Legal Requirements for a Surviving Spouse Regarding an Estate in Michigan

By Beverly Bird

Michigan’s probate laws are somewhat lopsided in favor of wives. It is one of only a few states that still recognize a woman’s dower right to a percentage of her husband’s property at death, with no corresponding law to protect husbands. Like other states, Michigan also recognizes intestacy and elective share rights, regardless of gender. A spouse must take decisive action to secure most of these rights and the marriage must meet certain legal requirements.

Michigan’s probate laws are somewhat lopsided in favor of wives. It is one of only a few states that still recognize a woman’s dower right to a percentage of her husband’s property at death, with no corresponding law to protect husbands. Like other states, Michigan also recognizes intestacy and elective share rights, regardless of gender. A spouse must take decisive action to secure most of these rights and the marriage must meet certain legal requirements.

Intestacy Rights

A surviving spouse’s intestacy rights apply when a decedent dies without a will. In Michigan, if your spouse left no surviving children or parents, you inherit his entire estate. Otherwise, you must share the estate with these other individuals. You're not required to do anything to secure your intestate share of your spouse's estate. When a decedent dies without a will, the court appoints a personal representative to oversee probate. This individual is obligated to follow the letter of the law in dispersing the decedent’s assets to the estate's heirs. However, if you are the decedent's wife, you can file written notice with the court if you choose to, indicating you want your intestate share rather than a dower share. If you are the decedent's husband, your only option is your intestate share.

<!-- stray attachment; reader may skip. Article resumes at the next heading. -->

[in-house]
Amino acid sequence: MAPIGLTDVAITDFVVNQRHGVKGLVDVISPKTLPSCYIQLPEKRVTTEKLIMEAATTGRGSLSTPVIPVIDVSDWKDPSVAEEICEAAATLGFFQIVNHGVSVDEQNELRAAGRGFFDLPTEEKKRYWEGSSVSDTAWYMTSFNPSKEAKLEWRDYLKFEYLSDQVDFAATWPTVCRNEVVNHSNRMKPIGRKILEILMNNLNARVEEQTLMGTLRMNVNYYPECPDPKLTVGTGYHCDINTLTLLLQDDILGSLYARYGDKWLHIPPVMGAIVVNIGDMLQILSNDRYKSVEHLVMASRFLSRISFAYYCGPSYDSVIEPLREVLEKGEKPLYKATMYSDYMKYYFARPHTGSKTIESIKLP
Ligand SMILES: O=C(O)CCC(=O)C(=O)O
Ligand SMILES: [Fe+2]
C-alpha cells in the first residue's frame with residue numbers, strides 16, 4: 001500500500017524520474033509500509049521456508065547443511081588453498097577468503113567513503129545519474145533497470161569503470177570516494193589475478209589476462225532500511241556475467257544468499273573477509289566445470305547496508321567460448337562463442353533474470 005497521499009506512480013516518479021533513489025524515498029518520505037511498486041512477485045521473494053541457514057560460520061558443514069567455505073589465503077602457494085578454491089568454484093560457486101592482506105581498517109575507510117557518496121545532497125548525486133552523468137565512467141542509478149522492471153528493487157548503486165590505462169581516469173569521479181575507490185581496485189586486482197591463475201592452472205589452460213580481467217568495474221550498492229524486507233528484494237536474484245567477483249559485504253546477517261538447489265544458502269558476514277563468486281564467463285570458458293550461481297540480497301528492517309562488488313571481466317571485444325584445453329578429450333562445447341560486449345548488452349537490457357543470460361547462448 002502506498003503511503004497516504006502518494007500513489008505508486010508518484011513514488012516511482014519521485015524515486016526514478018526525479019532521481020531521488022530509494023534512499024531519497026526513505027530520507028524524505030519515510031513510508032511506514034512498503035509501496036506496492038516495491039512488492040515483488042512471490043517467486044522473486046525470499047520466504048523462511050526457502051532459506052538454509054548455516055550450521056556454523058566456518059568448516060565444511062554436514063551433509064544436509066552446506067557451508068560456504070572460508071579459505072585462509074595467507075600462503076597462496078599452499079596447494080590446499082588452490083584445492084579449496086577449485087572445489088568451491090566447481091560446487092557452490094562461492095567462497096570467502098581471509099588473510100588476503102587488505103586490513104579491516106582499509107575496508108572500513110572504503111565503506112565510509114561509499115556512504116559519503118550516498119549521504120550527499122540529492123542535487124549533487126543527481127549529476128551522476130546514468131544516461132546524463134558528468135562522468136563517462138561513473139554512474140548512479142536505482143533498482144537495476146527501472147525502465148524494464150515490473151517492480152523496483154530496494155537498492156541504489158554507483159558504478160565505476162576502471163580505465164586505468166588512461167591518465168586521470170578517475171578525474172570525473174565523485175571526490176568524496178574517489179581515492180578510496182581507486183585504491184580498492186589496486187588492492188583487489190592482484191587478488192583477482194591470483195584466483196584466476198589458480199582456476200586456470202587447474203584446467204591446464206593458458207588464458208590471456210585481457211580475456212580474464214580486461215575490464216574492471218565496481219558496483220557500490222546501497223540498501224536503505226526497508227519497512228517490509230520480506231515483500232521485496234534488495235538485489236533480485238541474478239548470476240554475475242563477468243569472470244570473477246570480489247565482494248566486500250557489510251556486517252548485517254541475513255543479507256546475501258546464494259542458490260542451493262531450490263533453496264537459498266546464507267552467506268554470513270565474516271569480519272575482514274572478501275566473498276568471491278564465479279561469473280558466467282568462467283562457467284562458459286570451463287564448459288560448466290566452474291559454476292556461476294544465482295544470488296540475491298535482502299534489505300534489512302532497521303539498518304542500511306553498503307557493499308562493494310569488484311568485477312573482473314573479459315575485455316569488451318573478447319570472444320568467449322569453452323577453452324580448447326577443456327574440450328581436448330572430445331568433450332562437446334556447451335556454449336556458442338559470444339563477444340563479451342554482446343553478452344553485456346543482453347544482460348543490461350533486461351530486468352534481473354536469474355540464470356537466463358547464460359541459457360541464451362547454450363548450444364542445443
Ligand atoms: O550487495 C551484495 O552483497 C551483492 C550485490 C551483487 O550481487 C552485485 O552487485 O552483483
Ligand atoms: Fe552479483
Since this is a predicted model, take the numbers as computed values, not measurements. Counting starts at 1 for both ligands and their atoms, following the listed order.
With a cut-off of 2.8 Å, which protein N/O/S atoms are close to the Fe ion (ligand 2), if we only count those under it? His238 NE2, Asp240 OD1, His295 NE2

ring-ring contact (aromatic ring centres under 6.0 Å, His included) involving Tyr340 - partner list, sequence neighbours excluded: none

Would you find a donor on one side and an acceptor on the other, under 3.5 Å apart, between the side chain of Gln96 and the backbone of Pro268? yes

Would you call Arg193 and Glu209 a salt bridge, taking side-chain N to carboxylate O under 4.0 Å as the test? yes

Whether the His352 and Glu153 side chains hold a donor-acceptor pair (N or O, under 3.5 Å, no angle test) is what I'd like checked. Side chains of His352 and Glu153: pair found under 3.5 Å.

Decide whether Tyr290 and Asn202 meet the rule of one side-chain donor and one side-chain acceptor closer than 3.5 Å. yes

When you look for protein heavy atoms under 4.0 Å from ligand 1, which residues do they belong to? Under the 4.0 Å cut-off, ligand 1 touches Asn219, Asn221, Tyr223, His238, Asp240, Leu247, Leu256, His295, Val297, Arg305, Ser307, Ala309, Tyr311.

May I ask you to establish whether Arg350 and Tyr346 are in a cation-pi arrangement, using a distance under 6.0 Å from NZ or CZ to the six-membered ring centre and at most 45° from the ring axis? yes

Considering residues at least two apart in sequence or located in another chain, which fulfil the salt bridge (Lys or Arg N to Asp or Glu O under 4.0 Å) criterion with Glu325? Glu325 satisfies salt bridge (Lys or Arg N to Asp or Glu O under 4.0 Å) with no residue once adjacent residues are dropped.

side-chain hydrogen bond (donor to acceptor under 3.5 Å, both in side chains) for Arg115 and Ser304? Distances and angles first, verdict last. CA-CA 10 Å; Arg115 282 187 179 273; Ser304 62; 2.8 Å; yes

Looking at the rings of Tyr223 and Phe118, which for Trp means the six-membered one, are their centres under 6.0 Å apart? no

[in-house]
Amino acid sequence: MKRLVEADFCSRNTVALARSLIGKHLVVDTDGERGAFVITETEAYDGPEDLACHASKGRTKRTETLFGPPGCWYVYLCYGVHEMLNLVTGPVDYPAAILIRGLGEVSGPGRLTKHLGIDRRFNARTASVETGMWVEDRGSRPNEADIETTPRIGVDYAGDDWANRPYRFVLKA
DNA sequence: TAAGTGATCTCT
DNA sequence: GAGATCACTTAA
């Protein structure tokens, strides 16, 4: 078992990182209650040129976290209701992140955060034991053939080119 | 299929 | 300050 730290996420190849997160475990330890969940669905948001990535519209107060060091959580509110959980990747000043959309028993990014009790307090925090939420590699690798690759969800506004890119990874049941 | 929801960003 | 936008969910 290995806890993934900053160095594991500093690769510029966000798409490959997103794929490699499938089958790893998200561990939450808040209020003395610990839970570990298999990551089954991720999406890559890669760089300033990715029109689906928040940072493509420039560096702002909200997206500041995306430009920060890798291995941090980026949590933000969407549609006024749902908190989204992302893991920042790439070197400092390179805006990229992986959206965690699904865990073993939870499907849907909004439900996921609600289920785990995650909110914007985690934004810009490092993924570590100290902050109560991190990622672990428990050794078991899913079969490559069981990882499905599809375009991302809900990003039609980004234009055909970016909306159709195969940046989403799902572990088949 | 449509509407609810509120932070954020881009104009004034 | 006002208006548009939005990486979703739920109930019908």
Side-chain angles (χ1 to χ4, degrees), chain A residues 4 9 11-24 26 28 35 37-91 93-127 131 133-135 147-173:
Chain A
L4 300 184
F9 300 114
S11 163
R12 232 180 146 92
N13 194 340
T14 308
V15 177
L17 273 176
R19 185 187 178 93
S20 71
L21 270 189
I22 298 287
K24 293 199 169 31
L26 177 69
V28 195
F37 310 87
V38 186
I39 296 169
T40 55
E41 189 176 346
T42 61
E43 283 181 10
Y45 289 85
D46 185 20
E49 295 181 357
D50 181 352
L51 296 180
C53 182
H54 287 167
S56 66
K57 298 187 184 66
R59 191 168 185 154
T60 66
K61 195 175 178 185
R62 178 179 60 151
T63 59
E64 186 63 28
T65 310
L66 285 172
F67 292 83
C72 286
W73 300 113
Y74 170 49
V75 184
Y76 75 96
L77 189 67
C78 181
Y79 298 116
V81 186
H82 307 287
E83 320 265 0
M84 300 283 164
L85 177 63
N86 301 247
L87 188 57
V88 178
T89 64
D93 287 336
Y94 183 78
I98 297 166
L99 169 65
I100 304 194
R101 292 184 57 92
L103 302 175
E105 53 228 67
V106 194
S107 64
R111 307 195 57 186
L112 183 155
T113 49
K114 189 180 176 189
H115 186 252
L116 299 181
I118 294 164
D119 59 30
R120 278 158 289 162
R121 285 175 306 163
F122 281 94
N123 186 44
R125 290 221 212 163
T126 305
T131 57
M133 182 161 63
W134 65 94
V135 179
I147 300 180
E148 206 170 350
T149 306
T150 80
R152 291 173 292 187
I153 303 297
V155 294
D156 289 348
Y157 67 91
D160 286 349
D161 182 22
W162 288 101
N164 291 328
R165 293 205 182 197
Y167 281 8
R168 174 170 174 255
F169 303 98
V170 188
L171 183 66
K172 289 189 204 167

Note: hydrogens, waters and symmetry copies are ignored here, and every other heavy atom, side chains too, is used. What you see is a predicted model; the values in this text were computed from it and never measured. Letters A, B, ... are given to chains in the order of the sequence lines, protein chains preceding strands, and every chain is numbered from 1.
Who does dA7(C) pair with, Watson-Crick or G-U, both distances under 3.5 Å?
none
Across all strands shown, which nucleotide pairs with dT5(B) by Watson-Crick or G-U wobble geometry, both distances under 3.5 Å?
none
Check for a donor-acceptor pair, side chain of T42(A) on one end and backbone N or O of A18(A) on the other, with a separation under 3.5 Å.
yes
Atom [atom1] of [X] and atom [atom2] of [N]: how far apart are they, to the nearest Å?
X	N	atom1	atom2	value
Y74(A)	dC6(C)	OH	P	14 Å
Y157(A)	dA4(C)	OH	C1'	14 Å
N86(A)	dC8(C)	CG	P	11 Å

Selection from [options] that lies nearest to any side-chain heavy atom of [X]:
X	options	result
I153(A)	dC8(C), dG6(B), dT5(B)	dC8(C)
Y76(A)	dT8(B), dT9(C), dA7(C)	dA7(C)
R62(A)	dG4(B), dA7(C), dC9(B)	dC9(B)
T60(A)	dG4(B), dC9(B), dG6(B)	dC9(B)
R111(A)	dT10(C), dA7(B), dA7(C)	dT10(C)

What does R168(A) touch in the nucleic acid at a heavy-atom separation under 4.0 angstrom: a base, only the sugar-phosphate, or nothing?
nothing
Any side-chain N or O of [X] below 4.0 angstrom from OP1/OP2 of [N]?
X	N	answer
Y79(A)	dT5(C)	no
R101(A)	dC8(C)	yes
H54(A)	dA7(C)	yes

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Elective Share Rights

If your spouse left a will, you have some options if you're not satisfied with the terms of the will. Surviving husbands or wives can accept an "elective share" of the estate. An elective share is a percentage of your spouse’s probate assets. Probate assets do not include any assets that pass directly to named beneficiaries or assets your spouse might have placed in a trust. Therefore, if no probate assets exist, your elective share would be zero. If your elective share would be more than what your spouse left you in the will, however, and you want to exercise your right to this option, you must notify the probate court in writing. If you're a surviving wife, you also have the option to choose your "dower rights" instead.

Dower Rights

Because Michigan recognizes a widow’s dower rights, if you're a surviving wife, you can elect to take your dower rights in lieu of your right to intestate succession or in lieu of your right to claim an elective share. You're entitled to whichever alternative affords you a greater percentage of the estate. Michigan’s dower laws allow you to take a life estate in one-third of all property your spouse owned, including probate assets and non-probate assets. A life estate means you have use of this property for the rest of your life. However, you can’t bequeath it to your own heirs when you die -- it reverts back to your spouse's estate at that time. If you elect this life estate in place of your intestate inheritance, or in place of your right to an elective share, you must notify the court in writing of your choice.

Other Requirements

Not every spouse is entitled to make a claim for an elective or dower share of a decedent’s estate. If spouses lived separately for a year or more prior to the decedent’s death, the survivor does not qualify unless the decedent abandoned or deserted the marriage. If the surviving spouse left and the decedent's estate can prove this, the surviving spouse does not have a claim. A spouse also has no rights after divorce.

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What Do Provisions in Lieu of Dower Mean in a Divorce?

References

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